While owners of big name brands ranging from Apple to Nokia to HP and JVC Kenwood roost in their headquarters in the US or Europe and try to outdo each other in bragging about their latest research and development, their supply chain around the world is comprised of different outsourcing companies vying for the contract to manufacture their required parts at the lowest production costs possible.

MANILA – Some of the most requested gifts these coming holidays are electronic gadgets. This early, shops are already bedecked in tinsel and promos to lure buyers of the latest televisions, digicams, cellphones, music players, computers from desktop to laptop to netbook to its latest evolutions such as the likes of Ipads, e-book readers and tablet PCS.

In ads of big brand names such as Nokia, Apple, HP, Dell, Sony and Sony Ericsson, JVC, Samsung, among others, these electronic gadgets are credited for “connecting people” if not shrinking the distance between people. But while these gadgets are being marketed for doing that – connecting people – the process of producing them involves a fragmented global supply chain, where big brand names outsource their supplies and parts from different manufacturing plants located all over the world.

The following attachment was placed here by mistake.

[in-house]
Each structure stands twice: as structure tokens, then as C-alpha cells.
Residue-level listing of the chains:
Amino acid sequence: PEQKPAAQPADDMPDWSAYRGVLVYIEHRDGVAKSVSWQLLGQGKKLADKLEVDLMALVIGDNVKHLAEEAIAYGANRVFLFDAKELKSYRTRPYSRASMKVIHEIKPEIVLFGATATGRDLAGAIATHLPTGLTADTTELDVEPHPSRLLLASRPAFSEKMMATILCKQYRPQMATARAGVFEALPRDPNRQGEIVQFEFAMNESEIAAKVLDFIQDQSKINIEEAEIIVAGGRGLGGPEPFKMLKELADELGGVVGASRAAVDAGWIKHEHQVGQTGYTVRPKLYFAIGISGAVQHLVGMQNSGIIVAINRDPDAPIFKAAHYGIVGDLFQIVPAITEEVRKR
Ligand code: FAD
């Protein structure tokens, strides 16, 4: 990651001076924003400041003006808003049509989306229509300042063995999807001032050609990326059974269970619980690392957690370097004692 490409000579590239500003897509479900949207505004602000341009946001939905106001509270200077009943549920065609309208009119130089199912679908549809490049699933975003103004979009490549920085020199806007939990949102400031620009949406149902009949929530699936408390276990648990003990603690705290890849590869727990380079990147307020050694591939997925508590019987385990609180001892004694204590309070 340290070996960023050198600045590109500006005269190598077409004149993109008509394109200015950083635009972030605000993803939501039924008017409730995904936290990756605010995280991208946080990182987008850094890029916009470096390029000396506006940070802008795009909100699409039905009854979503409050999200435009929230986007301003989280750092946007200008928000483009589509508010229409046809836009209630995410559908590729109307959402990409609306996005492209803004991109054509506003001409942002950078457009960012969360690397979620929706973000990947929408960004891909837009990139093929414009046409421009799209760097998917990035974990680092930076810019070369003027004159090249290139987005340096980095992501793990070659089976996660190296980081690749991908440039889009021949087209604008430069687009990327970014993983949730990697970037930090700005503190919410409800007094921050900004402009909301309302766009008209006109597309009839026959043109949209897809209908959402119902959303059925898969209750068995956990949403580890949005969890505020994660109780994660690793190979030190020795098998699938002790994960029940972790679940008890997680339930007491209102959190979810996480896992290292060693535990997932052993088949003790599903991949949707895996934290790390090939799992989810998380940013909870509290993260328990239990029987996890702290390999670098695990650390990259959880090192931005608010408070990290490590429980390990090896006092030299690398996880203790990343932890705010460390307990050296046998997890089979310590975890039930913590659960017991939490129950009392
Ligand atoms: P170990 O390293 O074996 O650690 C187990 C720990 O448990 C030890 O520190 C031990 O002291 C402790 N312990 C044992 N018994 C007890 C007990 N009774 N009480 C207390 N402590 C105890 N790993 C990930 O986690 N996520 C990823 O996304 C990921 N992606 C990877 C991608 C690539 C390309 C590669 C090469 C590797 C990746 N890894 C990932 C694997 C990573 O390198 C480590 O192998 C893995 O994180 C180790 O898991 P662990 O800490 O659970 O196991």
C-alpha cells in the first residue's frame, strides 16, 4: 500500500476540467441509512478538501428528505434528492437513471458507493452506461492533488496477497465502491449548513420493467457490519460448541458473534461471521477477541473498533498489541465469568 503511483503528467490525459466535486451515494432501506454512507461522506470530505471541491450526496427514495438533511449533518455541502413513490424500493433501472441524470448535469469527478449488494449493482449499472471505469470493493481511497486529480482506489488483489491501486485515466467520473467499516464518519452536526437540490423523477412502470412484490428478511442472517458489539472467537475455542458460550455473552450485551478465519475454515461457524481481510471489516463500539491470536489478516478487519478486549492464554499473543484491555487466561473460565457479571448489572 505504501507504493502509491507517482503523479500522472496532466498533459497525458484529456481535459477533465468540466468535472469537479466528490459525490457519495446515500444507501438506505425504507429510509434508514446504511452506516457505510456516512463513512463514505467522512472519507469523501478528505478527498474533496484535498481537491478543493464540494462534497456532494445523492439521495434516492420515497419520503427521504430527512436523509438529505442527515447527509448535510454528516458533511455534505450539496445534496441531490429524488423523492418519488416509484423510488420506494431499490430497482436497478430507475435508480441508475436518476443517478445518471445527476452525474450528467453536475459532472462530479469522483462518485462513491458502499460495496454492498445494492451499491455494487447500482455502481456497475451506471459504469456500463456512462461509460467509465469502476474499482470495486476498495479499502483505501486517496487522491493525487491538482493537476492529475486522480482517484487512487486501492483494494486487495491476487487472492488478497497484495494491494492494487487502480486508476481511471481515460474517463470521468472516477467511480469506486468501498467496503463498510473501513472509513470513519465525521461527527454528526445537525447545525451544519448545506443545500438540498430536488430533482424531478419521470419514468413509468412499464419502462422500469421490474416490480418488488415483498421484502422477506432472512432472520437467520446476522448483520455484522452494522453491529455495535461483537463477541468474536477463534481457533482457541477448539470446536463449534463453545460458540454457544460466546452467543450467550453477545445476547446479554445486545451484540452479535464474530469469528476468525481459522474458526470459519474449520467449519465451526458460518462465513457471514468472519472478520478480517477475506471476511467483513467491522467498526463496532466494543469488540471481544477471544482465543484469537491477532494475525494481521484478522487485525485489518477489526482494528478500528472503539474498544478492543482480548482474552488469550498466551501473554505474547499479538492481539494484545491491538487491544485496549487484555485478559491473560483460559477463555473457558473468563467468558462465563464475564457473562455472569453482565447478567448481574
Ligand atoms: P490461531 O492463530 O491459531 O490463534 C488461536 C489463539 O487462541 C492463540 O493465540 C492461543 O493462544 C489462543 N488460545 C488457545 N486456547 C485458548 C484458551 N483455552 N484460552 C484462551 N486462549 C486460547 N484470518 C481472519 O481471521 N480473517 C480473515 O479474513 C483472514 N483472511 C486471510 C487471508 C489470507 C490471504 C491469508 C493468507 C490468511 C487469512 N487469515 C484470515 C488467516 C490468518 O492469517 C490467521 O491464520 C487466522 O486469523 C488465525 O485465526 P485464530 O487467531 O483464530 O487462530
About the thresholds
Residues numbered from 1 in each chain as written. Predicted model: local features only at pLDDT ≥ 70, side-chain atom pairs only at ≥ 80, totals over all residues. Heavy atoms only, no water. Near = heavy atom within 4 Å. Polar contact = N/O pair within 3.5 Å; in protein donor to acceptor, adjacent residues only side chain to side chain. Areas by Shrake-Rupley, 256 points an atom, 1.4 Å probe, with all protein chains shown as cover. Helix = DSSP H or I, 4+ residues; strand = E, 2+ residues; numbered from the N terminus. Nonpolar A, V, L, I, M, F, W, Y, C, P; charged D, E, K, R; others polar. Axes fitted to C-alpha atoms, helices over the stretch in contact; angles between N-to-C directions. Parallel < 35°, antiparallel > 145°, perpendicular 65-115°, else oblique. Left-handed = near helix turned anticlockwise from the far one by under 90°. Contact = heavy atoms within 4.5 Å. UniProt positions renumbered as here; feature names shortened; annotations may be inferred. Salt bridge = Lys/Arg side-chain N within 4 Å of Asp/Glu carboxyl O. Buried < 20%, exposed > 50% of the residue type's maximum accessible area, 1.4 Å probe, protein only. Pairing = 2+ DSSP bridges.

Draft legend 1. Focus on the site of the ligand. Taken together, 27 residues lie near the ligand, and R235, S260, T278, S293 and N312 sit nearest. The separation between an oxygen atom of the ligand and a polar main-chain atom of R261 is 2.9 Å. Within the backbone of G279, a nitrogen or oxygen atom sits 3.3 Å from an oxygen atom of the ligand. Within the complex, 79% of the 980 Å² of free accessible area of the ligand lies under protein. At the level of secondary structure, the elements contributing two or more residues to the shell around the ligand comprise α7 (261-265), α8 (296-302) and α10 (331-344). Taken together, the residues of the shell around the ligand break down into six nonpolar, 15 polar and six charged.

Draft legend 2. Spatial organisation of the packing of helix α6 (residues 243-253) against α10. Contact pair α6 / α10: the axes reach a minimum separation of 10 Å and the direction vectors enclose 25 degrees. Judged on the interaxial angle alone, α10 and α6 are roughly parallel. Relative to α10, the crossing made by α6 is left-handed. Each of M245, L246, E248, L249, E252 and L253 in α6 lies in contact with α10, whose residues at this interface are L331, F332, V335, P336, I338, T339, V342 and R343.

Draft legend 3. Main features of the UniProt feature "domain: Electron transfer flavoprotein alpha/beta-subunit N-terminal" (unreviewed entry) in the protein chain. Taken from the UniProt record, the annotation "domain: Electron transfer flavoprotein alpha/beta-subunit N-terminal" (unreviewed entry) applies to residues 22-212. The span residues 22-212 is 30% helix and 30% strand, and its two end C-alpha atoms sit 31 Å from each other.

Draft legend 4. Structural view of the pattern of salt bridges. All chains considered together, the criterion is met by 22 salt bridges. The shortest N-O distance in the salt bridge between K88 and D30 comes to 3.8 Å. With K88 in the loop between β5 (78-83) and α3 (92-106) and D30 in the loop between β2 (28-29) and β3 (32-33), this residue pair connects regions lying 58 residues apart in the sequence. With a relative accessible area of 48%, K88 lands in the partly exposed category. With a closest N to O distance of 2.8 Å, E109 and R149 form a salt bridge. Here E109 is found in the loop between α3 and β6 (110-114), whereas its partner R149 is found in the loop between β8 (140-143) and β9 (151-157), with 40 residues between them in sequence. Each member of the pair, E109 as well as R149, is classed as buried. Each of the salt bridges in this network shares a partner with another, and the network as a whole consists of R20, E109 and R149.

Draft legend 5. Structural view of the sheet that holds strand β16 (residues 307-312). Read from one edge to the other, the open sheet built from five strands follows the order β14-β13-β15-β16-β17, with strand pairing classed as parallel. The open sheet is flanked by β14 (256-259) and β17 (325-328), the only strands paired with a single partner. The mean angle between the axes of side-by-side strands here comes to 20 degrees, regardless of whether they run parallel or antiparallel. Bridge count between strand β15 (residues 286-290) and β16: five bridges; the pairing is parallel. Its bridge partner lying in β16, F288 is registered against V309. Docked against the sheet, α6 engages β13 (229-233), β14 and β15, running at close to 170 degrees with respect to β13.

Big manufacturers, which are mostly located in export processing zones, strive to produce according to strict specifications but in the cheapest possible cost of production, so they could reap profits despite having lowered their contract price to bag the outsourcing contract.

The result, said an international network of labor and human rights advocates, is “sweatshop conditions under harsh management, without the protection of trade unions.” The international network calls itself as Good Electronics. When asked, Pauleen Overeem, one of its leaders, said there is really no such thing as “good electronics,” if by good you mean electronics that are manufactured in conditions that respect human and labor rights and the environment.